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Olympic Losers: Silver Medals, Black Auras

February 26, 2006

TURIN, Italy (AP) _ So, like, dude, I was grabbing some air, looking for some metal and I just beefed. No big deal, though. At least I’m not a Bode or a Betty.

America may call me a loser, but no one will ever call me a noob. Besides, I’m coming home with one of those doughnuts made of silver.

They don’t give those away on the bunny hill.

Yes, I’m Lindsey Jacobellis, the most notorious silver medal winner since Roy Jones Jr. got krunked in South Korea. And, yes, it’s true that I got a little caught up in the moment and looked flamboyant weezy on that jump.

But, hey, I’m a snowboarder. Without us, the red, white and blue would have been totally wack.

Want that in English? OK, try this:

``I really don’t care what people think,″ Jacobellis said. ``I still won a silver medal, and no one can take that away from me.″

Maybe Jacobellis is right. Maybe there’s something to the notion that every Olympian is a winner, even those who never come close to a medal or fail spectacularly when gold is in their grasp.

More likely is that she’s just a snowboarder whose spends too much time chasing the ultimate ancillary stoke.

Every Olympics has to have losers. Without them, how could we identify winners?

With that in mind, let’s take a look at those who might have fit in the train pack but not on the medal stand.

Get out your snowboardionarys (snowboard dictionaries for the less schwank) and let’s go to figure skating, of all places, where Johnny Weir had to put up with a dorm room with (horrors!) no room service and closets that wouldn’t hold a good swan suit.

Without a hotel concierge to read the bus schedule, Weir arrived late for the biggest night of his life and quickly sank from medal contention. He came looking for gold, silver or bronze, but all he had was a black aura to remember his Olympic experience by.

Unlike Weir, Bode Miller at least had fun during his Olympics. So much that he should have been given a special Olympic medal for the cross country party marathon.

When last seen, the Newsweek and Time cover boy and special ``60 Minutes″ guest was eating a sandwich in his RV, seemingly oblivious to the fact that the sponsors who hyped his shot at five medals at least expected an honest effort out of him.

``It’s been an awesome two weeks,″ Miller said. ``I got to party and socialize at an Olympic level.″

Awesome? How’s this for awesome, dude?

You win a silver medal and your teammate comes up and congratulates you. Well, maybe that’s not so awesome, but this was the same teammate who refused to shake your hand when you won a gold medal and later said he felt betrayed by you.

Chad Hedrick won three medals in speedskating, and Shani Davis two. When they weren’t collecting bling, though, they acted like Simon Cowell and Paula Abdul debating the merits of the 343rd ``American Idol″ contestant to sing ``I Will Always Love You.″

That’s not all that bad, though. Proving that Miller isn’t the only skier who can go downhill in a hurry, U.S. aerials skier Jeret ``Speedy″ Peterson was sent home from the Olympics after a night of partying ended in a fight that police had to break up.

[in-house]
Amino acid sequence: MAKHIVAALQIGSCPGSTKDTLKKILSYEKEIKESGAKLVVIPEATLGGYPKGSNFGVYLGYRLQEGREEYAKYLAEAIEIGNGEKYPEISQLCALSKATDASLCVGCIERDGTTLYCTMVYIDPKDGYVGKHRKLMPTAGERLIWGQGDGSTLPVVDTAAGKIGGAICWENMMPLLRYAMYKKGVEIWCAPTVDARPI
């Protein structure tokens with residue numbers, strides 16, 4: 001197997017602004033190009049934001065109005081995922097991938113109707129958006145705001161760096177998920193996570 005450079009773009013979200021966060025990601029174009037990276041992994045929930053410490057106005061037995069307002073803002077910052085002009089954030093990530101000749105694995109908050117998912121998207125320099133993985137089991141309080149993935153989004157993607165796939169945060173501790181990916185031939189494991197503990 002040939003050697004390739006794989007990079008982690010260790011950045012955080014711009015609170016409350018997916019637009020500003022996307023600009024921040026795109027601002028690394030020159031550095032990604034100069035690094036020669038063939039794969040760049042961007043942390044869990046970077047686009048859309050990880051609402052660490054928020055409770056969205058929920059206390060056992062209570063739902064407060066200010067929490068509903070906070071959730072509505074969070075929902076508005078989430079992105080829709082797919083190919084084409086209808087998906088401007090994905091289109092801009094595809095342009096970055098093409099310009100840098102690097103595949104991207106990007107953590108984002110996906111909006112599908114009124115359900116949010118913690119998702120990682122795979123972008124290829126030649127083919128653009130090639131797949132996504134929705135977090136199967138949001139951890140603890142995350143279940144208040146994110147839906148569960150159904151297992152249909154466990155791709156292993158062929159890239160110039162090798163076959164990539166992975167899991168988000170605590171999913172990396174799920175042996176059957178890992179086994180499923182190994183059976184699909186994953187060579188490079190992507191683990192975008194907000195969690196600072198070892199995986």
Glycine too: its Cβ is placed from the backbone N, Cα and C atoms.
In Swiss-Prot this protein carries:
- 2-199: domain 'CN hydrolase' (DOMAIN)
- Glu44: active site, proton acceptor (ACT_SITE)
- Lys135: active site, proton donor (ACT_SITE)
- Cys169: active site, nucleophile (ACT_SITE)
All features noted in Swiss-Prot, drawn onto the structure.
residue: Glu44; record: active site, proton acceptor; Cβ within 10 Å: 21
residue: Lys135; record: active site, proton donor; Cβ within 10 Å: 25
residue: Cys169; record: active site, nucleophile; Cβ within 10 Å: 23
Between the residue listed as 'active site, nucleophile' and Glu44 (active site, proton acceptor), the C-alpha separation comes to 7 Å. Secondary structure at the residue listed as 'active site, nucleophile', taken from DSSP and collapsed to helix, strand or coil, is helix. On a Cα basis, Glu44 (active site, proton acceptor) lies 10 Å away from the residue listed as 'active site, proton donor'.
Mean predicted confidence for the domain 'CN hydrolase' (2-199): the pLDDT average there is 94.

At least Peterson had somebody to go home to. Italian ice dancers Barbara Fusar Poli and Maurizio Margaglio weren’t likely to be sharing a taxi after Margaglio dropped Poli near the end of their routine. When they finished, Fusar Poli glared at Margaglio like Lucy Ricardo after Ricky returned from a long night out.

Not to worry, though, because everything turned out OK, even if the couple finished sixth.

``We were speaking with our eyes like, what we did? We did a mistake,″ Fusar Poli said. ``It was like, `Whoa! We made a mistake.′

You didn’t even have to be an Olympian to be a loser in Turin. Wayne Gretzky’s wife, Janet Jones, arrived with the Great One beseiged by questions about her betting habits. Gretzky swore the scandal that threatened to envelop him would not affect Canada’s chances to repeat as gold medalists, but the Canadians could barely score a goal and the puck stopped there.

Canada didn’t win a medal, and the odds were certainly against that. The United States and Russia failed to medal, too, and a parlay bet on that would have paid off big for someone with, say, an extra 75 large or so to put down.

And who would have bet that the U.S. women’s team would blow its chance at a gold medal by losing to someone other than Canada for the first time since women began chasing pucks for real in 1990. There was so much whiffing going on in the shootout against Sweden that it seemed like Roger Clemens was throwing pucks at them.

Which brings us to one big loser _ NBC. The peacock network wasn’t crowing so much about an Olympics so lacking in American star power that it took a whipping not only from ``American Idol″ but from lesser shows as well.

Michelle Kwan was gone, Bode Miller disappeared and so did the ratings. Things got so bad that viewership plunged 10 million from Thursday night’s figure skating to the next night, effectively ending the games three nights early for NBC.

It was enough to make Jim Lampley’s hair take on a life of its own, almost enough to stop Katie Couric from being so perky. In the end, NBC was forced to send in replacements, making retired anchor Tom Brokaw trudge through the snow to Miller’s RV for an interview. Thankfully, he didn’t make him apologize for wasting $600 million of the network’s money on the Winter Games.

So, like, dude, that was it.

Everyone was stoked to be here, but sometimes they couldn’t avoid a swiffer.

It wasn’t all wack, but don’t worry. There’s always another one four years from now.


Tim Dahlberg is a national sports columnist for The Associated Press. Write to him at tdahlbergap.org